Monday, March 24, 2008
Glenn R. Simpson, of the Wall Street Journal, has an article this morning titled, "U.S. Opens Alcoa Bribery Probe." Alcoa, a global company, clearly has internal rules related to the giving and taking of company gifts. For example, one finds this one on the company website:
"Gifts, favors and entertainment may be given at company expense or accepted by directors, officers or employees from a competitor or an individual or firm doing or seeking to do business with the company only if they meet all of the following criteria:
- they are consistent with customary business practices and do not violate applicable law or ethical standards;
- they are not excessive in value;
- they cannot be construed as a bribe, payoff or improper inducement; and
- public disclosure of the facts would not embarrass the company or the director, officer or employee.
Payments or gifts of cash (or of cash equivalents such as stocks or commodities) to or from a competitor or an individual or firm doing or seeking to do business with the company are never permitted and may not be solicited, offered, made or accepted by directors, officers or employees"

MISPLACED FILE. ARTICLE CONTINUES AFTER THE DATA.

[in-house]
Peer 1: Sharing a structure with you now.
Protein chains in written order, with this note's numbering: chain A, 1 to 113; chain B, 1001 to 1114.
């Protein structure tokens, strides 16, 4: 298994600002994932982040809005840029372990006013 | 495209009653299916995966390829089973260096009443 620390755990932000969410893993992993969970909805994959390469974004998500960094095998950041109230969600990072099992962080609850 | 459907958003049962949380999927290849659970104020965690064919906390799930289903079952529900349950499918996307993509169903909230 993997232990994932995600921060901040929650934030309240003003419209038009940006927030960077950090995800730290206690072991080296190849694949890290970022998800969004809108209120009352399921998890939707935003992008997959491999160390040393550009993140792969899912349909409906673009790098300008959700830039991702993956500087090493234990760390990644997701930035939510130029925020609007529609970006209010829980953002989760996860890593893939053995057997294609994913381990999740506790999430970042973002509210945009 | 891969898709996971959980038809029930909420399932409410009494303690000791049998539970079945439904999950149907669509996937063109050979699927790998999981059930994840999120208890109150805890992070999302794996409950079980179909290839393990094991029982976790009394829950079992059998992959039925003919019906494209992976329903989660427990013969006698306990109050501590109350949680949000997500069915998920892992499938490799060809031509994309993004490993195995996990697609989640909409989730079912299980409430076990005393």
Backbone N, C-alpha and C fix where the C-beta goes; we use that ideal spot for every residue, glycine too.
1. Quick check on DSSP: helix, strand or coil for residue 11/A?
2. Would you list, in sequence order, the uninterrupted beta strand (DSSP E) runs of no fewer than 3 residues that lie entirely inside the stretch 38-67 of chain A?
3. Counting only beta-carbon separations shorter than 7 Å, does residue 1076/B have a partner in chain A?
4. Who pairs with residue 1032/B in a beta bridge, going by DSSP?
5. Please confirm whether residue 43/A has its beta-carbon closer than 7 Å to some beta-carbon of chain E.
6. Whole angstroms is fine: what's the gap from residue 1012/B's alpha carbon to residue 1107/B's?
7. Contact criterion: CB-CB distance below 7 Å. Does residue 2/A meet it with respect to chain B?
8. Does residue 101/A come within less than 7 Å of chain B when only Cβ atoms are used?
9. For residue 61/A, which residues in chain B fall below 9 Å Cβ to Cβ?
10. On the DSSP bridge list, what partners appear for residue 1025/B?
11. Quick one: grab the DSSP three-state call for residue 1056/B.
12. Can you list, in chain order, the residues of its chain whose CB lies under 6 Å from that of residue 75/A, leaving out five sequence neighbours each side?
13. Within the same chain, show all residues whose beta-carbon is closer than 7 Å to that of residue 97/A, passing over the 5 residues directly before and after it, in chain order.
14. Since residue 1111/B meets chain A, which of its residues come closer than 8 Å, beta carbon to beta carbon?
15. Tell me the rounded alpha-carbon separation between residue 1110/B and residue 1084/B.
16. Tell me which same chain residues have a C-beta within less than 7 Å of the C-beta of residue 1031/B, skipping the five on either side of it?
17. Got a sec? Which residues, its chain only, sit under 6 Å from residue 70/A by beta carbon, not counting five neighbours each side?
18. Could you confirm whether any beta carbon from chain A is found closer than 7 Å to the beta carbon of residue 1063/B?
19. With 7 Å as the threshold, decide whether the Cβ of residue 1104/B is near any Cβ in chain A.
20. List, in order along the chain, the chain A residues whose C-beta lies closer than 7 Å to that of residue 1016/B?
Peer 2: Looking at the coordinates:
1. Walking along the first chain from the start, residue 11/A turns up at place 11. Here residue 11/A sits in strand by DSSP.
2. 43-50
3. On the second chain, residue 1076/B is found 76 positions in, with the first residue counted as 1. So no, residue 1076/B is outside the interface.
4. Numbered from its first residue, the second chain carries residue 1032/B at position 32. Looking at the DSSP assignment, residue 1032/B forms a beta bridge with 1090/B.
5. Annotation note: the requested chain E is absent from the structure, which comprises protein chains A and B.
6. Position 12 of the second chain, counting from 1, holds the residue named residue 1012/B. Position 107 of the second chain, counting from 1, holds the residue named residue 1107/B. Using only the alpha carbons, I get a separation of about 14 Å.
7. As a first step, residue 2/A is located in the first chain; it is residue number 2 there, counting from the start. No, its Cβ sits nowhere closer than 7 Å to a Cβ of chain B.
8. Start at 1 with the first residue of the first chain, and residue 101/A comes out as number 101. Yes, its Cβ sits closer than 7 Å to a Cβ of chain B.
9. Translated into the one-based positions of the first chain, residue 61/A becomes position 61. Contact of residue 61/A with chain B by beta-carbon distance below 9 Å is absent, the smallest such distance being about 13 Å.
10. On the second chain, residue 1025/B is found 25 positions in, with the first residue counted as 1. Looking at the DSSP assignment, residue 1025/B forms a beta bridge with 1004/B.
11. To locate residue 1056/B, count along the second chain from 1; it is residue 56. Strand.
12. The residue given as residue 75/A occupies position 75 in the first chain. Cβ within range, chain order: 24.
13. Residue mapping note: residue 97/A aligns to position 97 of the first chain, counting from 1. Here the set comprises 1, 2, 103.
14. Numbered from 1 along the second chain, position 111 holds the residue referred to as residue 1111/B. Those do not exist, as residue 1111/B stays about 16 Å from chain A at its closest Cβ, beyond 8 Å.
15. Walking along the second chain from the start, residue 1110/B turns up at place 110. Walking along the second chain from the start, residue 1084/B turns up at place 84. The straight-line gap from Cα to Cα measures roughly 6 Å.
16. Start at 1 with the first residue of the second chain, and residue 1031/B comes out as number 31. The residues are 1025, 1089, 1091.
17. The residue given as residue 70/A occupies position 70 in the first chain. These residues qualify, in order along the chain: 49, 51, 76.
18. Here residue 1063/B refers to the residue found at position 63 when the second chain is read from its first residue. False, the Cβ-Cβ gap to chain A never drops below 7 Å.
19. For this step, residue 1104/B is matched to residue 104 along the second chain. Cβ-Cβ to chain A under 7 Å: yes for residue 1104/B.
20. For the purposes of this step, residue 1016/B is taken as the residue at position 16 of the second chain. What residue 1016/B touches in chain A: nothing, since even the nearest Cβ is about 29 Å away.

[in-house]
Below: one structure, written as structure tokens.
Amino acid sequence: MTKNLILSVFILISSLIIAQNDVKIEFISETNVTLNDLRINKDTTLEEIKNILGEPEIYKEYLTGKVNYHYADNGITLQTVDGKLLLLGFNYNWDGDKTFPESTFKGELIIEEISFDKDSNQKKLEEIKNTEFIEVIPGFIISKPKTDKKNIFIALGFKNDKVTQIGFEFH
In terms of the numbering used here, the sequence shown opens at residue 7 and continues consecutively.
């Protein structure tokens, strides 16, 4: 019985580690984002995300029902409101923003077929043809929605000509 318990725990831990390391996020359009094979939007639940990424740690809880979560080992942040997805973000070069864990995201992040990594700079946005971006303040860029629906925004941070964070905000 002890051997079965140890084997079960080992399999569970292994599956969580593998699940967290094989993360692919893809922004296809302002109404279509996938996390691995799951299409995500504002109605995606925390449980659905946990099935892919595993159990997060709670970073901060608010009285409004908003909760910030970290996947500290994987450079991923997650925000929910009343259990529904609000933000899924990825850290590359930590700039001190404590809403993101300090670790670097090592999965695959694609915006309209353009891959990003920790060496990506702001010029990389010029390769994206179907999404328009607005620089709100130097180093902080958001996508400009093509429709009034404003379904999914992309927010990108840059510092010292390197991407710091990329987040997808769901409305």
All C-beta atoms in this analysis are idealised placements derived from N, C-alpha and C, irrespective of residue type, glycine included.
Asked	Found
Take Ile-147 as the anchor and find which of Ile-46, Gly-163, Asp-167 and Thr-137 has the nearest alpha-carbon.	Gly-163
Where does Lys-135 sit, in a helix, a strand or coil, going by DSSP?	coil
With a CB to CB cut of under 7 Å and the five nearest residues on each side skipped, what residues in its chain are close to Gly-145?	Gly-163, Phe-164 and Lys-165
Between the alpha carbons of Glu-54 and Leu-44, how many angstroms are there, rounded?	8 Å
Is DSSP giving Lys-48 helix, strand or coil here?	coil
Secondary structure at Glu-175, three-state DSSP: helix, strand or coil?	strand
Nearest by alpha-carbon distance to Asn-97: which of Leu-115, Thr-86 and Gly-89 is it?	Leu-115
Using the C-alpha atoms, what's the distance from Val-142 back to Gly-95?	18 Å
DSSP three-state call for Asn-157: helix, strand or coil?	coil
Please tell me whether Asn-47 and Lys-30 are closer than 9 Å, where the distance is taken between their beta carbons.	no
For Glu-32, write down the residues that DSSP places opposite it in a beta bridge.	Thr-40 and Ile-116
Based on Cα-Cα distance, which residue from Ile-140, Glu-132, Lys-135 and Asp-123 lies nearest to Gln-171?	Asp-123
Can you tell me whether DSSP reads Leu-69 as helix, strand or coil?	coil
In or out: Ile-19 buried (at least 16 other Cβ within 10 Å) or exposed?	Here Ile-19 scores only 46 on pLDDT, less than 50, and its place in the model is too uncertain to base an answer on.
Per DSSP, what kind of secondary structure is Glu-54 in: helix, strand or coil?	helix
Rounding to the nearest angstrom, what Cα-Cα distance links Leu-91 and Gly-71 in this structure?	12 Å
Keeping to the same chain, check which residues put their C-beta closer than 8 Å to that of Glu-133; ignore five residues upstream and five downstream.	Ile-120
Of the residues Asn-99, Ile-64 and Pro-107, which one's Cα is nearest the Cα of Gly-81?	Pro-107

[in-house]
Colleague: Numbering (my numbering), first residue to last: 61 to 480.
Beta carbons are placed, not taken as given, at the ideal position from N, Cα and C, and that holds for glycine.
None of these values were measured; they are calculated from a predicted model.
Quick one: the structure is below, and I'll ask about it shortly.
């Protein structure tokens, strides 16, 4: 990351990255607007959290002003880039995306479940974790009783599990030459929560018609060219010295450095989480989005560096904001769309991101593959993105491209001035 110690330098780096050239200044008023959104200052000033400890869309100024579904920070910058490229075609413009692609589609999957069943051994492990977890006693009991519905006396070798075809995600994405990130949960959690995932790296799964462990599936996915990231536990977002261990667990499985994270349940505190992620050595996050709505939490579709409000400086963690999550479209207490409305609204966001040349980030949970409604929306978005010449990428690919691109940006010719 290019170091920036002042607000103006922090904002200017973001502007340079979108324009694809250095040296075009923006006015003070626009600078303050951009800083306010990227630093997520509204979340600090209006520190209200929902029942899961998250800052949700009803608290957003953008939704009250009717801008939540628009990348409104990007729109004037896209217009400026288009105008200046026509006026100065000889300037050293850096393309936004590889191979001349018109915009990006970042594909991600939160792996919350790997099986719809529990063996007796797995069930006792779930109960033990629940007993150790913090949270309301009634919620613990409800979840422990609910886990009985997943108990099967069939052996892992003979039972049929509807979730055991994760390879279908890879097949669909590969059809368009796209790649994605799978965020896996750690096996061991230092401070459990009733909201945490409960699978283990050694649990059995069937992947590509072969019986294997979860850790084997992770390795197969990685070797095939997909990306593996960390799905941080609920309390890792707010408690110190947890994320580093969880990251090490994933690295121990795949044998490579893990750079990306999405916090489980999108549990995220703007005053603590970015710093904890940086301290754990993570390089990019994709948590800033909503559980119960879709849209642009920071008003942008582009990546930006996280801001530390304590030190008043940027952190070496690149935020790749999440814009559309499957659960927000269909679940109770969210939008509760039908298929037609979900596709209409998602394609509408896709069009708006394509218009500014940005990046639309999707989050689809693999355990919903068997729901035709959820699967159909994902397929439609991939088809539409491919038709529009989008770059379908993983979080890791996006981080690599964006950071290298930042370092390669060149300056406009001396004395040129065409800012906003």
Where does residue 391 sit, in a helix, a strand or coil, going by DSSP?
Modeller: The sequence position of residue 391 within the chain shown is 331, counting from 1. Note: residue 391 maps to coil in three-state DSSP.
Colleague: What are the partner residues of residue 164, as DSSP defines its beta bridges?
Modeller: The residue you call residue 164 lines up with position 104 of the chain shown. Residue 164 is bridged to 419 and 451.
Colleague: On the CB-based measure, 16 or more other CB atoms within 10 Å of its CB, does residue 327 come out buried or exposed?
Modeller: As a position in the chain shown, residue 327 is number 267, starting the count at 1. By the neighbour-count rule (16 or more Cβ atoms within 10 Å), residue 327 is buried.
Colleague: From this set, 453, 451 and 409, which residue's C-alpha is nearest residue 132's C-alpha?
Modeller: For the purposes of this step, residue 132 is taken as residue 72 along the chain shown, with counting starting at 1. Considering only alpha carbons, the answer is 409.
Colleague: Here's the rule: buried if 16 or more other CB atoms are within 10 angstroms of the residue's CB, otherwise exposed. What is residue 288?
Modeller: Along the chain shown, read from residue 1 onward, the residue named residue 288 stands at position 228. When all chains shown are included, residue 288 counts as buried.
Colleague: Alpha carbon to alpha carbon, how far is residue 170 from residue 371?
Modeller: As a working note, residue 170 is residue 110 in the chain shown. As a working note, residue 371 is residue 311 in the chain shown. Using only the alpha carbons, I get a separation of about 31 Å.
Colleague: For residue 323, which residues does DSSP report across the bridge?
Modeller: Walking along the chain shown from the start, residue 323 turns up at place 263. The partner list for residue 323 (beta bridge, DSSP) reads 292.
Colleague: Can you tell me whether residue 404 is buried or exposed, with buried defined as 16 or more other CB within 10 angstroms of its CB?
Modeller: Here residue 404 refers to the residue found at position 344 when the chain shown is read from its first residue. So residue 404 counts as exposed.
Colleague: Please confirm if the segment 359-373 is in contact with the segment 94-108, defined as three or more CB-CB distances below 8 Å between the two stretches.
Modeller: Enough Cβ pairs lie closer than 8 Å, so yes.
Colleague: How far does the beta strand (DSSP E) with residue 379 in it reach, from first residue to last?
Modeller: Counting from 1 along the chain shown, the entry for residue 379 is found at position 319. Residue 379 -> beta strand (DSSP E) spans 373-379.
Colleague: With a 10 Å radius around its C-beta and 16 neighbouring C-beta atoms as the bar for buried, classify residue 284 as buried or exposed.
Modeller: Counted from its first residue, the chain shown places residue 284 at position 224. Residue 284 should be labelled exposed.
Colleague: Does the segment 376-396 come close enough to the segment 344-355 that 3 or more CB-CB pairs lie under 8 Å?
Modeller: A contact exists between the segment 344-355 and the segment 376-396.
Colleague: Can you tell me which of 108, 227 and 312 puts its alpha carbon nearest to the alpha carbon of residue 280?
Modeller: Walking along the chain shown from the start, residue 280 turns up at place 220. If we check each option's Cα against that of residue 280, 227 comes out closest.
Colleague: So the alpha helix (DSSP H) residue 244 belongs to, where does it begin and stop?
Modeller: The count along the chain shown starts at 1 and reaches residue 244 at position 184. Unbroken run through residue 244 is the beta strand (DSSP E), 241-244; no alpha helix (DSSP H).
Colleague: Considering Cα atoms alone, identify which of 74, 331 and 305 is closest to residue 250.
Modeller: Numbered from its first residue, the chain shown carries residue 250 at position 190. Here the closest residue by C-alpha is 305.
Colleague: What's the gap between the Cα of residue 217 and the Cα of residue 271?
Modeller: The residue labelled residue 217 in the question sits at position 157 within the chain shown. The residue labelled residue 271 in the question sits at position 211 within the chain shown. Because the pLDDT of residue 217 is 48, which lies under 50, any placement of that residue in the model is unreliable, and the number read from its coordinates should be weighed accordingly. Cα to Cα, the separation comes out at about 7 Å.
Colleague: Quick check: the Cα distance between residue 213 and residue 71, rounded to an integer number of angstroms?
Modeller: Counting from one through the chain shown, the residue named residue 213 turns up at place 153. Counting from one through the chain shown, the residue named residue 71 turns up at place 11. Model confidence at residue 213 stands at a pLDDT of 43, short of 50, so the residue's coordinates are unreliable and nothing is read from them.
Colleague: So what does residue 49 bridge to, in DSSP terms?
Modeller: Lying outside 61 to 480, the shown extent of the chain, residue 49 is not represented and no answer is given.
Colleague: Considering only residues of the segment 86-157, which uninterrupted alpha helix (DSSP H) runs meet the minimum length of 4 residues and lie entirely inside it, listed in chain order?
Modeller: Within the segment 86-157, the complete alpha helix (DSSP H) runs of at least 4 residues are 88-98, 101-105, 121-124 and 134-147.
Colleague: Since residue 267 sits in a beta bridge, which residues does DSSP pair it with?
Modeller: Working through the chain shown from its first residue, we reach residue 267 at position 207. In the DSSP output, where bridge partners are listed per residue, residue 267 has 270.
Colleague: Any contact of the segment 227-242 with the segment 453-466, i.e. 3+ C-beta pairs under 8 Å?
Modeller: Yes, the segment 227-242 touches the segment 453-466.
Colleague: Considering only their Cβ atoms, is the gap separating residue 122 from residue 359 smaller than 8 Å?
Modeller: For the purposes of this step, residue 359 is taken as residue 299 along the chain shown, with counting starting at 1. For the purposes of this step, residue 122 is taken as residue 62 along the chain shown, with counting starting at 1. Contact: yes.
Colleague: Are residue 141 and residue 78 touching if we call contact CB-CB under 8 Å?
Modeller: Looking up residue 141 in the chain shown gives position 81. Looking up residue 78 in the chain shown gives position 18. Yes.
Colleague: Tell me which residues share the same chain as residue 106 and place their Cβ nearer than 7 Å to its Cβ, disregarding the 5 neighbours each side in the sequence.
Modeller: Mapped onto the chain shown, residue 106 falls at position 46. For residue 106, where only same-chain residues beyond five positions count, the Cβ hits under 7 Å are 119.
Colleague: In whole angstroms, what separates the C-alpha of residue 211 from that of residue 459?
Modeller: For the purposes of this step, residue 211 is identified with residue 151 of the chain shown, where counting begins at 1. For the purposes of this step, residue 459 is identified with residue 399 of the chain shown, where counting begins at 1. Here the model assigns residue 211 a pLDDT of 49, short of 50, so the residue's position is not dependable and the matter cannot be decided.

Although a big believer in the presumption of innocence, one has to wonder what could happen if this investigation turns up a bribe to a foreign official. The Foreign Corrupt Practices Act is easily explained in this DOJ Layperson's Guide discussed here. But one notices in looking at the results of a good number of cases (see here) against companies, that if the DOJ does decide to proceed, there is little likelihood of a trial. When a company is involved, the matter tends to end with a payment of a fine and in some cases a deferred prosecution agreement. In a post-Arthur Andersen world, this is easily explained as the cost of fighting can be a death sentence to a company. If the government does find something here, one has to wonder if this will be the result. But, on the other hand, if there is nothing to this investigation - it is hoped that the press received will not hurt the company.